By Spenser Hickey and Jija Dutt
Managing Editor and Transcript Reporter
A month after Culture Fest’s ignition of unity, Inter-faith House (IF) members carried out a spiritual remix.
Junior Brianna Robinson organized Night of Unity as her house project for the second year in a row.
She said the concept is to provide a safe space for students to share their faith, spiritual journey or lack of faith.
“It is a time for everyone to learn and grow together,” Robinson said.
Night of Unity featured a variety of faith traditions, including denominations of Christianity, Judaism, agnosticism and atheism.
Performances included dance, readings, singing and instrumental music.
Other IF residents, Better Together members and the Chaplain’s Office all helped organize the event.
Robinson said this year’s event was more successful, with approximately 40 people in attendance; planning began around two months ago.
“I am a true believer in unity and how we are all really better when we work, learn and love together,” Robinson said.
She added that her main goal was to reach out to as many people as she could.
“I wanted to get people to talk about (faith and unity,)” she said.
“Communication is key for change.”
Senior IF resident Rachel Vinciguerra took part by choreographing a dance and later reading a portion of “Pale Blue Dot” by Carl Sagan.
The dance, performed by students, was set to “Storm Comin” by The Wailin’ Jennys, a Canadian band.
The dance focused on themes of faith and loss of faith in New Orleans following Hurricane Katrina, while the reading looked at the Earth’s position in space and the triviality of religious conflict on it.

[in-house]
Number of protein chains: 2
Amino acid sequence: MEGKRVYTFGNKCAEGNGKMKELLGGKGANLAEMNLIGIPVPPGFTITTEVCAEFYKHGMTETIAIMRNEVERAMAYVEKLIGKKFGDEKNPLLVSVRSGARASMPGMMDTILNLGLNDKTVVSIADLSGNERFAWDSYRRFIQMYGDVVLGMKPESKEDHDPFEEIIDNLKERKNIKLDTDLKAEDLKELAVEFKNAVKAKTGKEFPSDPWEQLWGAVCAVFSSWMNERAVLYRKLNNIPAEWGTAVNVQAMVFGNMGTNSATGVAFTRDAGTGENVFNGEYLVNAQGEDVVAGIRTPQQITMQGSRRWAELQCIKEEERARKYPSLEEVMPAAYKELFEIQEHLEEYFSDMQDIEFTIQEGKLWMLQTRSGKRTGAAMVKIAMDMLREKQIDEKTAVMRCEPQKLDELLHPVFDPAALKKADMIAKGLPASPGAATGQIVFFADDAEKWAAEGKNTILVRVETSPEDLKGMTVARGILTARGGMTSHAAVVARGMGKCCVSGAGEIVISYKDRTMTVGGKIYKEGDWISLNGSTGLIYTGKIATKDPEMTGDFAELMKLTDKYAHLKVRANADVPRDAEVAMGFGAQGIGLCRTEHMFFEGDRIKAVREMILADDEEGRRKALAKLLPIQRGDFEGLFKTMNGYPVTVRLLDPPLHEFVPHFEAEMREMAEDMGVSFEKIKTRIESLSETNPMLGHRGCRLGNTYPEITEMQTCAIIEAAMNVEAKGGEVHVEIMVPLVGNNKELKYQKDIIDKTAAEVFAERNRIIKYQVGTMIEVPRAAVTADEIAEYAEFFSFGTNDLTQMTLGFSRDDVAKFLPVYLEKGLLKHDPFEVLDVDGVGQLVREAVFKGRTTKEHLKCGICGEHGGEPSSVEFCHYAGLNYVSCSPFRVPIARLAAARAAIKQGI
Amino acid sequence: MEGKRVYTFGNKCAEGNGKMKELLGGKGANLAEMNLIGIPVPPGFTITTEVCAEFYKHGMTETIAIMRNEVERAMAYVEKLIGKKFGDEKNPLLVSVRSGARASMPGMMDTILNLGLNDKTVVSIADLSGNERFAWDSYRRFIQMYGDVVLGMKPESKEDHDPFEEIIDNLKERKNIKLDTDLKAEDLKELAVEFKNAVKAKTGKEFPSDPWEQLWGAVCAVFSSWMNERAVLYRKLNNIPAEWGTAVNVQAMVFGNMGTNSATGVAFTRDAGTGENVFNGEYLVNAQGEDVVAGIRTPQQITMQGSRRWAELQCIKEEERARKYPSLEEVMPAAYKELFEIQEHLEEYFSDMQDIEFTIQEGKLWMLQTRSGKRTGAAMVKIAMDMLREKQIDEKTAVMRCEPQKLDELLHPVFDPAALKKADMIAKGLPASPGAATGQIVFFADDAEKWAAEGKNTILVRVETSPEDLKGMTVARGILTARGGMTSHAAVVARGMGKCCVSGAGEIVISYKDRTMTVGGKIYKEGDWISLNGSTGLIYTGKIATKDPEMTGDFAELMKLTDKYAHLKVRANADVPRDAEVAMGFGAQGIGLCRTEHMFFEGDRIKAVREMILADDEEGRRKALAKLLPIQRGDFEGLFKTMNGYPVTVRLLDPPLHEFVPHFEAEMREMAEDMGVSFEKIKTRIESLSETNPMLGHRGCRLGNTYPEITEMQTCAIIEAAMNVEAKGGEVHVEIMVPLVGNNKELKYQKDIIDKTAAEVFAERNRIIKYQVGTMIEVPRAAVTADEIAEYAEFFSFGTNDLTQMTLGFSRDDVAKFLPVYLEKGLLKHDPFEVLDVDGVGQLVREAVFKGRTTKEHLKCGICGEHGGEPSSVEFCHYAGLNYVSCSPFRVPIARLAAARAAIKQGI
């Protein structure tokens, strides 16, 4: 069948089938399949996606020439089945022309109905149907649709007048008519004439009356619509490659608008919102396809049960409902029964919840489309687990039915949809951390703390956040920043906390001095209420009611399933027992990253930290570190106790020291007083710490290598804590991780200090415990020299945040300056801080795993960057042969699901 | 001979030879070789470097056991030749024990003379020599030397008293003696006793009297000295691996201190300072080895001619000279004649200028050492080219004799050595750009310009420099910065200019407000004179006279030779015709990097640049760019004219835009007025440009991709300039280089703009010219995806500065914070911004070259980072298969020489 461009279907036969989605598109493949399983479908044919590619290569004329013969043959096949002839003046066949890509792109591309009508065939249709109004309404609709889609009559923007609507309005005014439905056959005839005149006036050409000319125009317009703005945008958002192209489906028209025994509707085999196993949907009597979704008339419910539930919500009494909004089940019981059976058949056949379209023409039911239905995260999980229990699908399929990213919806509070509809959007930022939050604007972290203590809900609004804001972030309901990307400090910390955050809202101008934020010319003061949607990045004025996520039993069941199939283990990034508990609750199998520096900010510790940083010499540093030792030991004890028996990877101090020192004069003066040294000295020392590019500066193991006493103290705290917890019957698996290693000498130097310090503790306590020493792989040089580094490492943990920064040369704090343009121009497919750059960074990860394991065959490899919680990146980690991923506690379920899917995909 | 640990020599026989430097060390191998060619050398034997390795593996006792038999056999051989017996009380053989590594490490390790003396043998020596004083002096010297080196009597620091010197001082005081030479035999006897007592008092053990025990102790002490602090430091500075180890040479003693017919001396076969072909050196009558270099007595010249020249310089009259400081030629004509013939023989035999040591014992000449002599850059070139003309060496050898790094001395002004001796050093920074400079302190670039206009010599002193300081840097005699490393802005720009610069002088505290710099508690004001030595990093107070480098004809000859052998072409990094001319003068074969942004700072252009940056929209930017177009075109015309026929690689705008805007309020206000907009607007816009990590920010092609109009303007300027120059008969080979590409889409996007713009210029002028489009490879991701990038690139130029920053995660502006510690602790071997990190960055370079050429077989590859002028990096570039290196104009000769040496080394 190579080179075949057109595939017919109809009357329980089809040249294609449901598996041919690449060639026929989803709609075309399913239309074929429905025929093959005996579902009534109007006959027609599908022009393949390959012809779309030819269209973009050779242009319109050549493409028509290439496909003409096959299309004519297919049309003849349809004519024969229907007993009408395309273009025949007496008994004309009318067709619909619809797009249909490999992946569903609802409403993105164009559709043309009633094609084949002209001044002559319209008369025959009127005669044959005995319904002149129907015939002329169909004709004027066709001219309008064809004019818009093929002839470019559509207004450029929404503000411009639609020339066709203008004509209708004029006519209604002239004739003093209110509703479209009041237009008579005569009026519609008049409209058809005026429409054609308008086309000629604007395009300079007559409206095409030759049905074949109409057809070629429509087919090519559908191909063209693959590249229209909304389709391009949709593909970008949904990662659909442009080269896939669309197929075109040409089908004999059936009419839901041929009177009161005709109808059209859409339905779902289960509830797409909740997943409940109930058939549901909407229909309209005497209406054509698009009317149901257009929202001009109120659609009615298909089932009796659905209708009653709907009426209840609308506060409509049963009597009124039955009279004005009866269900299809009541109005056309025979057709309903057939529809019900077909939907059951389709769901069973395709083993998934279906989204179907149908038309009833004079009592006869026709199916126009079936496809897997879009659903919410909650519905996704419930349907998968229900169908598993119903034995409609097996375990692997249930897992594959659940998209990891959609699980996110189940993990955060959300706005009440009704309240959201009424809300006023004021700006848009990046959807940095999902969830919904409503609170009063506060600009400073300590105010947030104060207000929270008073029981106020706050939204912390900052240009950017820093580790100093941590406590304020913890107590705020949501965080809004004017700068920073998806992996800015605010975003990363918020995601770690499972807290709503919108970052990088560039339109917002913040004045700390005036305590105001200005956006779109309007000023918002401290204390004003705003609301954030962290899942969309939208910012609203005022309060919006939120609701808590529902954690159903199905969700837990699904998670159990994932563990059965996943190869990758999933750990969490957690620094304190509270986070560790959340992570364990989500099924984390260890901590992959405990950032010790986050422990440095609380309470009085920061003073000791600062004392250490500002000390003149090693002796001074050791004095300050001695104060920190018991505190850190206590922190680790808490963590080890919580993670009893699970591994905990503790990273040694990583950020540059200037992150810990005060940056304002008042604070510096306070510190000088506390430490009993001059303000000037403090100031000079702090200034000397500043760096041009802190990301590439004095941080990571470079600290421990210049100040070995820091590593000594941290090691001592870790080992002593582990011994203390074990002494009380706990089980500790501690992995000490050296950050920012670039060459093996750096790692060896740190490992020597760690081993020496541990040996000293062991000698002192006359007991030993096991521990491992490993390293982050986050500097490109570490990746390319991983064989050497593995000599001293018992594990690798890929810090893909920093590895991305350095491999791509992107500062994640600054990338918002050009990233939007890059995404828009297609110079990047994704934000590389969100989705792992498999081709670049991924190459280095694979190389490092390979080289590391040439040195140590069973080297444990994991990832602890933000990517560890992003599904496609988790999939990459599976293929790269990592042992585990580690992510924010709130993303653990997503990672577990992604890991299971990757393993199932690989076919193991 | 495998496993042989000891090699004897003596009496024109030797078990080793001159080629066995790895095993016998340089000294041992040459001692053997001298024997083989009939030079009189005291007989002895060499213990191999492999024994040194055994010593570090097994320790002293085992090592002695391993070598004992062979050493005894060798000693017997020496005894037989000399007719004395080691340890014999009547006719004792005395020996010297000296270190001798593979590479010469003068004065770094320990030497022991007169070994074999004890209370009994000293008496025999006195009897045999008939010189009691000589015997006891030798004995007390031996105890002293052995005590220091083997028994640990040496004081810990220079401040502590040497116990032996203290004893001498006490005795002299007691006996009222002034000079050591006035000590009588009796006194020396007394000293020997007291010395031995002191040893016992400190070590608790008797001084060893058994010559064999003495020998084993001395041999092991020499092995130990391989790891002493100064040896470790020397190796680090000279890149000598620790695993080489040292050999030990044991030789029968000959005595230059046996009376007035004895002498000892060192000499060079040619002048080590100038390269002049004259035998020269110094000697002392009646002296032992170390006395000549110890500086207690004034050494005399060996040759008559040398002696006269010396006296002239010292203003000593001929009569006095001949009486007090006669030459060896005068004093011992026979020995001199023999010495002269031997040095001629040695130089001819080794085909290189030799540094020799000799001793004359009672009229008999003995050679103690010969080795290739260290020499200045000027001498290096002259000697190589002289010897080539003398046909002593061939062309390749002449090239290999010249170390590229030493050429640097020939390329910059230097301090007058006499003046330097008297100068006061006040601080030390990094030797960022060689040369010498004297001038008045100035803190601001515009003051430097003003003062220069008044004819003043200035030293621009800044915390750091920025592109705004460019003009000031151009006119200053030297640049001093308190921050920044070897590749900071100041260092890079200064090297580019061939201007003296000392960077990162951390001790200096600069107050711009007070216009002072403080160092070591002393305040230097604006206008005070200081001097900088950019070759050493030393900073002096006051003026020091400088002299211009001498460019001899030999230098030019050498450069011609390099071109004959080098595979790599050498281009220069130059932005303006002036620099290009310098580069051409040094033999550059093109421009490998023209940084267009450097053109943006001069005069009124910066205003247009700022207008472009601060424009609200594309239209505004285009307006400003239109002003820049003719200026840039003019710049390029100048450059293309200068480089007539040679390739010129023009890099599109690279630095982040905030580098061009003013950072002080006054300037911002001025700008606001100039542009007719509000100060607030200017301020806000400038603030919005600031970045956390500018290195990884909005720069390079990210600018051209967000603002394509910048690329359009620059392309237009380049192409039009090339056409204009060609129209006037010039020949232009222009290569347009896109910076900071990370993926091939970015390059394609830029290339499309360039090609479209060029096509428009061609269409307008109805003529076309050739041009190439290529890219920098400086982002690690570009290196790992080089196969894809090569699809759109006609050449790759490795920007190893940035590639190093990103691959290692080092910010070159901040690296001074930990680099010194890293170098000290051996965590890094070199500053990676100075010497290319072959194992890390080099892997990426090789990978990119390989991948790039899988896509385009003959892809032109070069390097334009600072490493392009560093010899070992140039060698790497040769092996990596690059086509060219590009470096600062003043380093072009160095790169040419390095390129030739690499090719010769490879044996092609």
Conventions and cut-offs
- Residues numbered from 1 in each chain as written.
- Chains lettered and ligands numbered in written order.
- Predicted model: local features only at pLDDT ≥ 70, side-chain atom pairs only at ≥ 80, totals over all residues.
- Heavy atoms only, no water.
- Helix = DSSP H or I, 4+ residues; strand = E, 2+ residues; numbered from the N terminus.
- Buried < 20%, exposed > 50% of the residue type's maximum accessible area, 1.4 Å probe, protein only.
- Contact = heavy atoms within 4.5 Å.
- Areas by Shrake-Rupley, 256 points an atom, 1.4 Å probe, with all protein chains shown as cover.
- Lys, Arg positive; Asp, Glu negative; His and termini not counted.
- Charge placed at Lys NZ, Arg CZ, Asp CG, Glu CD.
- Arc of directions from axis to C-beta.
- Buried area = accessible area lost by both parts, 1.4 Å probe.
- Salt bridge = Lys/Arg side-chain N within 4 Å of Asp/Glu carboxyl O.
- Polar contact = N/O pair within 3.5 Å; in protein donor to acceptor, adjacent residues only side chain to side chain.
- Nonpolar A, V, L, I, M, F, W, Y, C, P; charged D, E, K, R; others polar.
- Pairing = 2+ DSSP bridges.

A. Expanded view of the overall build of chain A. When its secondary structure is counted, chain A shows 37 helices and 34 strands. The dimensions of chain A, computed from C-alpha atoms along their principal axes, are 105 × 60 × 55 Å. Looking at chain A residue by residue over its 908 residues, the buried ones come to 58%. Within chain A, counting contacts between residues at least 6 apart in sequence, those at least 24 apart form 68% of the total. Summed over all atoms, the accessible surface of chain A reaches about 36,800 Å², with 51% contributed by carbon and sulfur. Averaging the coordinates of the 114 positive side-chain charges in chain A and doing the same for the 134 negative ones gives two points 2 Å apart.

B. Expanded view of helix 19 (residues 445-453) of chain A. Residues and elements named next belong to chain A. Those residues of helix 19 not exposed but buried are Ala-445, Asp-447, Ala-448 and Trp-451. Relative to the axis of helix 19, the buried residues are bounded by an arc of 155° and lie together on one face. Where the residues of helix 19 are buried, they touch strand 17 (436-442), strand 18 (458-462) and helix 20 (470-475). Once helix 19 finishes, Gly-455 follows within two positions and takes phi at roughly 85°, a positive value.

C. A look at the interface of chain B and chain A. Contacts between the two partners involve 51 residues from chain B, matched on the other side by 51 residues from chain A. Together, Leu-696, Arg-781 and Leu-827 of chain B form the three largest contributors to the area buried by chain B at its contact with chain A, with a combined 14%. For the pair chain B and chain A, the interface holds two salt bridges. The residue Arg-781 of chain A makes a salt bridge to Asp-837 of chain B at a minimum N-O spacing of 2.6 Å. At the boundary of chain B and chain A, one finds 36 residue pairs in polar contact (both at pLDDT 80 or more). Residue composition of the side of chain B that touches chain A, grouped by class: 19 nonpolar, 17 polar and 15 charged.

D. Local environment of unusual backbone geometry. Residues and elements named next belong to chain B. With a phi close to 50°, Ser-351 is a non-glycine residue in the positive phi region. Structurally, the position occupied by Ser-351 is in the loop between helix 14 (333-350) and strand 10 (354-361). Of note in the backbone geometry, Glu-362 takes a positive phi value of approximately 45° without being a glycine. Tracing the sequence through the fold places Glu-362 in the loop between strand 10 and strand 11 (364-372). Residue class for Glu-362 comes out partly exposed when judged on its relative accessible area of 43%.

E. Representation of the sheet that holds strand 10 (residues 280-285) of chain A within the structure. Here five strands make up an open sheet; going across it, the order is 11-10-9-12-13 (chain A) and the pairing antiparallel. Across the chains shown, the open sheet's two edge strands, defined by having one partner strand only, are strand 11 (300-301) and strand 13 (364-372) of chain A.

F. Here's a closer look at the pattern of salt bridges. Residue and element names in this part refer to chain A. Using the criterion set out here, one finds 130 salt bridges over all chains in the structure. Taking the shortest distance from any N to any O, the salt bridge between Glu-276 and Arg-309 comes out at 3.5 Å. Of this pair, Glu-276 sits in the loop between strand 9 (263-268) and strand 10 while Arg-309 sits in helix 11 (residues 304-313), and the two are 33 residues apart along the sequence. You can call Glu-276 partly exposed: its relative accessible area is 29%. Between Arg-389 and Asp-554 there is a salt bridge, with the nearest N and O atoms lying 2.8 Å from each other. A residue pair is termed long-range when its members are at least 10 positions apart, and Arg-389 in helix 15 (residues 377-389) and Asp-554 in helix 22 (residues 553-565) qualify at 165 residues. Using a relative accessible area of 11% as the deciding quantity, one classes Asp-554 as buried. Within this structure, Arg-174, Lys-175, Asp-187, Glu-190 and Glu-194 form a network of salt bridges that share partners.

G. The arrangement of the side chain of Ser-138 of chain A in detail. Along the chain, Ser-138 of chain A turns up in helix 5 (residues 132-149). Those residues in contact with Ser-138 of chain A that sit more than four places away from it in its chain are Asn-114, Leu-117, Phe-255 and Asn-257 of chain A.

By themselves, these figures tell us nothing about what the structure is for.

“I think it’s really neat that two presentations…that are so different fit so well into one program,” she said.
She said she loves Sagan’s scientific perspectives and that the event shows both commonalities and unique experiences on faith.
At OWU, Vinciguerra said that interfaith dialogue can be hindered by the misconception that only religious people can participate.
“That is not true at all and I wish that was something that was more widely understood,” she said.
“I would love to see more people who don’t subscribe to a particular religion participating in these events because they have critical things to say, things that I think we all need to hear.”
“Interfaith to me means an open and understanding community where we can all grow and learn from each other,” Vinciguerra added.
“It doesn’t mean that we all agree all the time, it doesn’t mean that we ignore the differences between our beliefs, but it means that we embrace those differences and learn more about ourselves and others in the process.”
“Not everyone in this room knows each other – I know that for sure – but we’re here together,” Robinson said in her closing speech.